Friday 09 December 2011

Bible Book:

"Jerusalem, Jerusalem, the city that kills the prophets and stones those who are sent to it! How often have I desired to gather your children together as a hen gathers her brood under her wings, and you were not willing! See, your house to left to you, desolate. For I tell you, you will not see me again until you say, 'Blessed is the one who comes in the name of the Lord.'" (vv. 37-39)

Matthew 23:27-39 Friday 9 December 2011


The first part of today's passage completes a series of "Woes"lamenting the flawed approach to religion of the most respectedJewish teachers. (The first part was in yesterday's passage). Ritual purity was oneaspect of their approach, so tombs and decorative bone-containerswere whitewashed at festival times when the city was crowded sothat people would not inadvertently touch them and become defiled.This whitewashing illustrates the idea that a person's outwardbehaviour may be quite inconsistent with what they are like on theinside.

Verses 29-36 takes up the love at that time of building splendidmonuments to dead heroes rather than paying careful attention totheir message. The scribes and Pharisees fail to take seriously thefact that many prophets were persecuted and killed by authorityfigures like themselves, and to recognise that they are cast in thesame mould. Abel is the first martyr in the Hebrew Bible (Genesis4:6-10) and Zechariah the last (2Chronicles 24:20-22) in that Chronicles is the last book in theJewish ordering of the Old Testament. In both cases the biblicalreports emphasise that the murder incurs a guilt that mustultimately be satisfied.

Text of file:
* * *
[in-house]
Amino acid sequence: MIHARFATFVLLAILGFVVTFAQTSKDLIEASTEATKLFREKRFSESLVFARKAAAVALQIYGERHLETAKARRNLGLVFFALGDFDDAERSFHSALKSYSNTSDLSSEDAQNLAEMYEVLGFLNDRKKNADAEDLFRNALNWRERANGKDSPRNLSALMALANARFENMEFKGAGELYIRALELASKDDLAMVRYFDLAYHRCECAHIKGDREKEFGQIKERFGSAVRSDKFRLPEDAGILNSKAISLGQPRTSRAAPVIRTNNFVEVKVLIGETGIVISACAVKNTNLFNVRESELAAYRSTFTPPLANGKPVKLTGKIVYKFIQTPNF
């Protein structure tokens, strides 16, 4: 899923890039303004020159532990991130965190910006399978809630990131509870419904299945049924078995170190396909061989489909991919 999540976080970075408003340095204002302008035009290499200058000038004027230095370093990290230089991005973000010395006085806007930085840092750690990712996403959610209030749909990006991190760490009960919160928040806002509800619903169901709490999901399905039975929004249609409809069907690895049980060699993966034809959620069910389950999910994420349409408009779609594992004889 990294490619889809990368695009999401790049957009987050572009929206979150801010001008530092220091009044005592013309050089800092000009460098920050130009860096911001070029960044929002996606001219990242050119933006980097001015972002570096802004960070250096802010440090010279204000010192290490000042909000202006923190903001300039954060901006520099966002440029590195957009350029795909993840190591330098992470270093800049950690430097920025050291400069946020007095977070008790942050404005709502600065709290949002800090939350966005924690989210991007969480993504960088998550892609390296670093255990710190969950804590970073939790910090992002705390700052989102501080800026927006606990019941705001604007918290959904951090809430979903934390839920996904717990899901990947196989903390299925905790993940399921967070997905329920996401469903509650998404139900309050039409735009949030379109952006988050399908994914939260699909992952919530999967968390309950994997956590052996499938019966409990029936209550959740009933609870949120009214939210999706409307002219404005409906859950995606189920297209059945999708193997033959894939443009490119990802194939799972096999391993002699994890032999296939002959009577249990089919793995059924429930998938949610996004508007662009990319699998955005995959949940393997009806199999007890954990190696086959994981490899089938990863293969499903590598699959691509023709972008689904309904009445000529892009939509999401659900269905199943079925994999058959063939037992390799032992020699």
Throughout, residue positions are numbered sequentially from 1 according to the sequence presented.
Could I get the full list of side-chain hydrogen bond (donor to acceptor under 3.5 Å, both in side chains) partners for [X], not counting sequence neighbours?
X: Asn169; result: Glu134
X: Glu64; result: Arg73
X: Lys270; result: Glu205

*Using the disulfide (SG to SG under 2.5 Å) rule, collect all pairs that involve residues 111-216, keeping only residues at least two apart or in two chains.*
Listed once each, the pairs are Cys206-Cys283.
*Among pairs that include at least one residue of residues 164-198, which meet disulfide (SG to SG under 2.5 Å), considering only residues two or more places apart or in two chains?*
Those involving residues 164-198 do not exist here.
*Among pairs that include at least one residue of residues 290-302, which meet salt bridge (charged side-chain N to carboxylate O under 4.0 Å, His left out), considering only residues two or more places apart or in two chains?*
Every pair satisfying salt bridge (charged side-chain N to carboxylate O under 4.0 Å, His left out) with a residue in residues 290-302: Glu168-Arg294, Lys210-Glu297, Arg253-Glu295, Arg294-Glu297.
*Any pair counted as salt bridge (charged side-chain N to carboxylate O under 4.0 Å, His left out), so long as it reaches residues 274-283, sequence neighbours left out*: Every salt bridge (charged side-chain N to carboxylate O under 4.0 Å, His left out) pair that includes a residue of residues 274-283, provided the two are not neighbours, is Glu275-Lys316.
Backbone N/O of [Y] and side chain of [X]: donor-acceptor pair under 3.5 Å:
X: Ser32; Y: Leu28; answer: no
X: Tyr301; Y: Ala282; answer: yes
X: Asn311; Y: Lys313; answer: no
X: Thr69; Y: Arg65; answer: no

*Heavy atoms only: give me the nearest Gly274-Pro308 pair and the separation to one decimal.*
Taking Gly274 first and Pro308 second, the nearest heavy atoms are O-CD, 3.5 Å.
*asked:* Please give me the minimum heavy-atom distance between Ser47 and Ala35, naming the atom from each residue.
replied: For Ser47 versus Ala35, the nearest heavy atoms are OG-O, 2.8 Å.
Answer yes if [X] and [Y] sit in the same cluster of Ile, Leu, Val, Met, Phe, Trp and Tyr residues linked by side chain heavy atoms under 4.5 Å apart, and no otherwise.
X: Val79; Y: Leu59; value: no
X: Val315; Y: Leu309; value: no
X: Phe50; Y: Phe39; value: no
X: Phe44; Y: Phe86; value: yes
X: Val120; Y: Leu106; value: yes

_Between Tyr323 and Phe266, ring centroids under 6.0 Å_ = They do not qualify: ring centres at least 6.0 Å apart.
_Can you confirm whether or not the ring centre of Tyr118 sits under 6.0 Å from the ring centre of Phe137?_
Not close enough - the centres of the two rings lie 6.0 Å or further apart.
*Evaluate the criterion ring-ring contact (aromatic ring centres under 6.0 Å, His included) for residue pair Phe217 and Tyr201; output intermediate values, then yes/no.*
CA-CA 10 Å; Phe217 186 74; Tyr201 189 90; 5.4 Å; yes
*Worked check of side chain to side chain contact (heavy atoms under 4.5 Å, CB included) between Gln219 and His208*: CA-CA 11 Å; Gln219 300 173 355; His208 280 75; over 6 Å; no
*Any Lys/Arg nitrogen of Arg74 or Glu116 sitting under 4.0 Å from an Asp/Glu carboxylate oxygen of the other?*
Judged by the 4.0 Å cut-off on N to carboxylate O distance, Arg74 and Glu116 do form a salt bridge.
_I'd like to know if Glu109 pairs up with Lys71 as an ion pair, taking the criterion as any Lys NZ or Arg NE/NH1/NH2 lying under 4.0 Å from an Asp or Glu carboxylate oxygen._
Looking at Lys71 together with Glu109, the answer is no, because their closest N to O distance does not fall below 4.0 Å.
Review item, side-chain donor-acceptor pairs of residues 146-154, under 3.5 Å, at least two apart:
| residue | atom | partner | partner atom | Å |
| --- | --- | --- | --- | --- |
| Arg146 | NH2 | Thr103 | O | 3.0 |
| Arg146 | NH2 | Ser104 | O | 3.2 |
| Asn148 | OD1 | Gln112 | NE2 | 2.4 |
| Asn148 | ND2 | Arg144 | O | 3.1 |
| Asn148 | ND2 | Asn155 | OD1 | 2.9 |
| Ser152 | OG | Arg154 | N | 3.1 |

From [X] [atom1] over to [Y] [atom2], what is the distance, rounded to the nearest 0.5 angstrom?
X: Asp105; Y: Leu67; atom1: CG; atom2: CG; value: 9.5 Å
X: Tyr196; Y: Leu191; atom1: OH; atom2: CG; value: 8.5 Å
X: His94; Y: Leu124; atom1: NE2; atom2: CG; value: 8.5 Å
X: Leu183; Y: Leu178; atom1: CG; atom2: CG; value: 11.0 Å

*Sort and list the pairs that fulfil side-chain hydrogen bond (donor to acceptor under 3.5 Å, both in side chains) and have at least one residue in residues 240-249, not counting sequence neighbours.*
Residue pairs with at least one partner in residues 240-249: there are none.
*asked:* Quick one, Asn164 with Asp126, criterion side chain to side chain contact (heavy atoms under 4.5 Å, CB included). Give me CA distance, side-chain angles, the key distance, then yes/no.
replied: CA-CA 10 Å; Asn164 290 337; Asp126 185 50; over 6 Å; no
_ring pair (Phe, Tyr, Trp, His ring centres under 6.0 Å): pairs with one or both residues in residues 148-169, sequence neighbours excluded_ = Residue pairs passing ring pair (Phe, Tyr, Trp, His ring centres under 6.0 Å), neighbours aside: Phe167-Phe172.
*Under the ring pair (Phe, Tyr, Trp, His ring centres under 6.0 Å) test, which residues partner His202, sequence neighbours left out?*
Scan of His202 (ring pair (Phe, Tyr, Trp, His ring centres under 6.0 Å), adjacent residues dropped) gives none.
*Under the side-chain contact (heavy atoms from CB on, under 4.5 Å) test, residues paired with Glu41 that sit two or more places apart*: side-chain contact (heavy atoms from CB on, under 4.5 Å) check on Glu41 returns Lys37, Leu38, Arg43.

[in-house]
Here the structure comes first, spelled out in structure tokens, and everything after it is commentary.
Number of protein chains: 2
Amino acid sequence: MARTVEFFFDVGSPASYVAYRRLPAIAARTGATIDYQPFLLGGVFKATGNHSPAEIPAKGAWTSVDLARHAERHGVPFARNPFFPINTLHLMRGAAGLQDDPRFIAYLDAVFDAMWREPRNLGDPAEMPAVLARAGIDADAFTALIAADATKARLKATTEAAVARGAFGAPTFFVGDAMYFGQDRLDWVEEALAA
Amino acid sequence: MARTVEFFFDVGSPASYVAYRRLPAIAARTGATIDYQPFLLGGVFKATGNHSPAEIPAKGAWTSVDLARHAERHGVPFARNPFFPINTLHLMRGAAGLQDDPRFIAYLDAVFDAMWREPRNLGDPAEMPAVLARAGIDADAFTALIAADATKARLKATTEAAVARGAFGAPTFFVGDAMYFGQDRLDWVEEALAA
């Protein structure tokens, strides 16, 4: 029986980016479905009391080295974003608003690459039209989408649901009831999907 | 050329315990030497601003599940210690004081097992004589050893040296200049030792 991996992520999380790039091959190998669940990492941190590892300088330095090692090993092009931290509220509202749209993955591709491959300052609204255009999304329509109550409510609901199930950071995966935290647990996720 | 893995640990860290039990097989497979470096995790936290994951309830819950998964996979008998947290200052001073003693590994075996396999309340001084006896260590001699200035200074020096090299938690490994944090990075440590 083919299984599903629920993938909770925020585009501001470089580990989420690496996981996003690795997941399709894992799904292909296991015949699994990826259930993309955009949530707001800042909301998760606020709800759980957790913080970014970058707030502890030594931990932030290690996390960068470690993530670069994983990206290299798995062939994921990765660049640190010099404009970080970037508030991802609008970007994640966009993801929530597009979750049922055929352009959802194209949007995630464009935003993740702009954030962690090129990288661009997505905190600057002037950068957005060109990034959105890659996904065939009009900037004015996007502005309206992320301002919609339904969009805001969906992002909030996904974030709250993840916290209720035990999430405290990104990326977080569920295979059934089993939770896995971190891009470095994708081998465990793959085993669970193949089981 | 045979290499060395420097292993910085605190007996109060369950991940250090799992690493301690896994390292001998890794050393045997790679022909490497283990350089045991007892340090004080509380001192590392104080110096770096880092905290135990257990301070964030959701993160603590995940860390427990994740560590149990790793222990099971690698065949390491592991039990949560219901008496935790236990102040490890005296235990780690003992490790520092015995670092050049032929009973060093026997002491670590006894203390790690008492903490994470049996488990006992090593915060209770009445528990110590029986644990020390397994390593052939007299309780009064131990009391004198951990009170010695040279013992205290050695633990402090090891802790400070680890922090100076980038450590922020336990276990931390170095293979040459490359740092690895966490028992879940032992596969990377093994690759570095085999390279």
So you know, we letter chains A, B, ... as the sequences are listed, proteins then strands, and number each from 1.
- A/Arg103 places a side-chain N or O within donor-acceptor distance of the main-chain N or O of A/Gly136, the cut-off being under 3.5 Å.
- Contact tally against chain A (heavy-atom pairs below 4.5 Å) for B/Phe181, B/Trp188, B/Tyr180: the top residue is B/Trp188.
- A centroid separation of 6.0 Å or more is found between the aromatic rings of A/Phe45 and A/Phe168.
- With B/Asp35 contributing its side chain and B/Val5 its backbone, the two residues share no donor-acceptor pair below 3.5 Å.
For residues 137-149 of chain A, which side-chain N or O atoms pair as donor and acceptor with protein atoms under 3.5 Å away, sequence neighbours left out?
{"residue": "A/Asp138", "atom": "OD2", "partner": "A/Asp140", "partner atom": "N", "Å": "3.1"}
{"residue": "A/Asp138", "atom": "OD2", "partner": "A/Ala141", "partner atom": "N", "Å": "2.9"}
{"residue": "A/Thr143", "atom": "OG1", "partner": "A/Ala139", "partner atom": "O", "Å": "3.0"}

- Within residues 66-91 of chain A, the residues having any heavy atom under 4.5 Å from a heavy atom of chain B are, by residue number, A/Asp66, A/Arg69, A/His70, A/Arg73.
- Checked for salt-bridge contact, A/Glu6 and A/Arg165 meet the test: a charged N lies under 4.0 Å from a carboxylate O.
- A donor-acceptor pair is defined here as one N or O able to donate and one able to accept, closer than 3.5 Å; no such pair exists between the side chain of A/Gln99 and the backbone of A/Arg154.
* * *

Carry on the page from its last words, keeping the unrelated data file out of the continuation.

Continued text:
From verse 34 onwards Jesus develops the idea that the Jewishrebellion against God's true messengers will reach its climax, andincur such a retribution, within the generation he is addressing.Compare 1 Thessalonians 2:14-16, and note that withinforty years the Jewish rebellion led to the Roman destruction ofJerusalem and its temple and the effective end of the Pharisaicform of the Jewish faith.

Jews did not practise crucifixion, so the reference in verse 34shows how the fate of Jesus, whom the gospels portray as knowing hewill be crucified, is bound up with that of the Jewish religion.The real grief Jesus feels over Jerusalem's impending fate isexpressed in the sad lament at the end of this passage, and whichprepares the way for a fuller treatment in the next chapter of thejudgement which is coming.

Some had welcomed Jesus to Jerusalem with the words that end thispassage (see Matthew 21:9); the whole verse expresses thefact that Jesus's earthly ministry is now over and may appear tohave failed, but "from now on" (a better translation than "again"(v. 39)) he will only be known by those who are able to welcome himas the Messiah or servant king he truly is.

To Ponder

How far are we any better than our ancestors?Have we learned from the errors of past generations or are weusually inclined to repeat them?

In what ways do you find yourself tempted to hidewhat you are really like from yourself and from others?

What might the words of Jesus in verse 37 have tosay to the Palestinians and Israelis who live in the dividedJerusalem of today?

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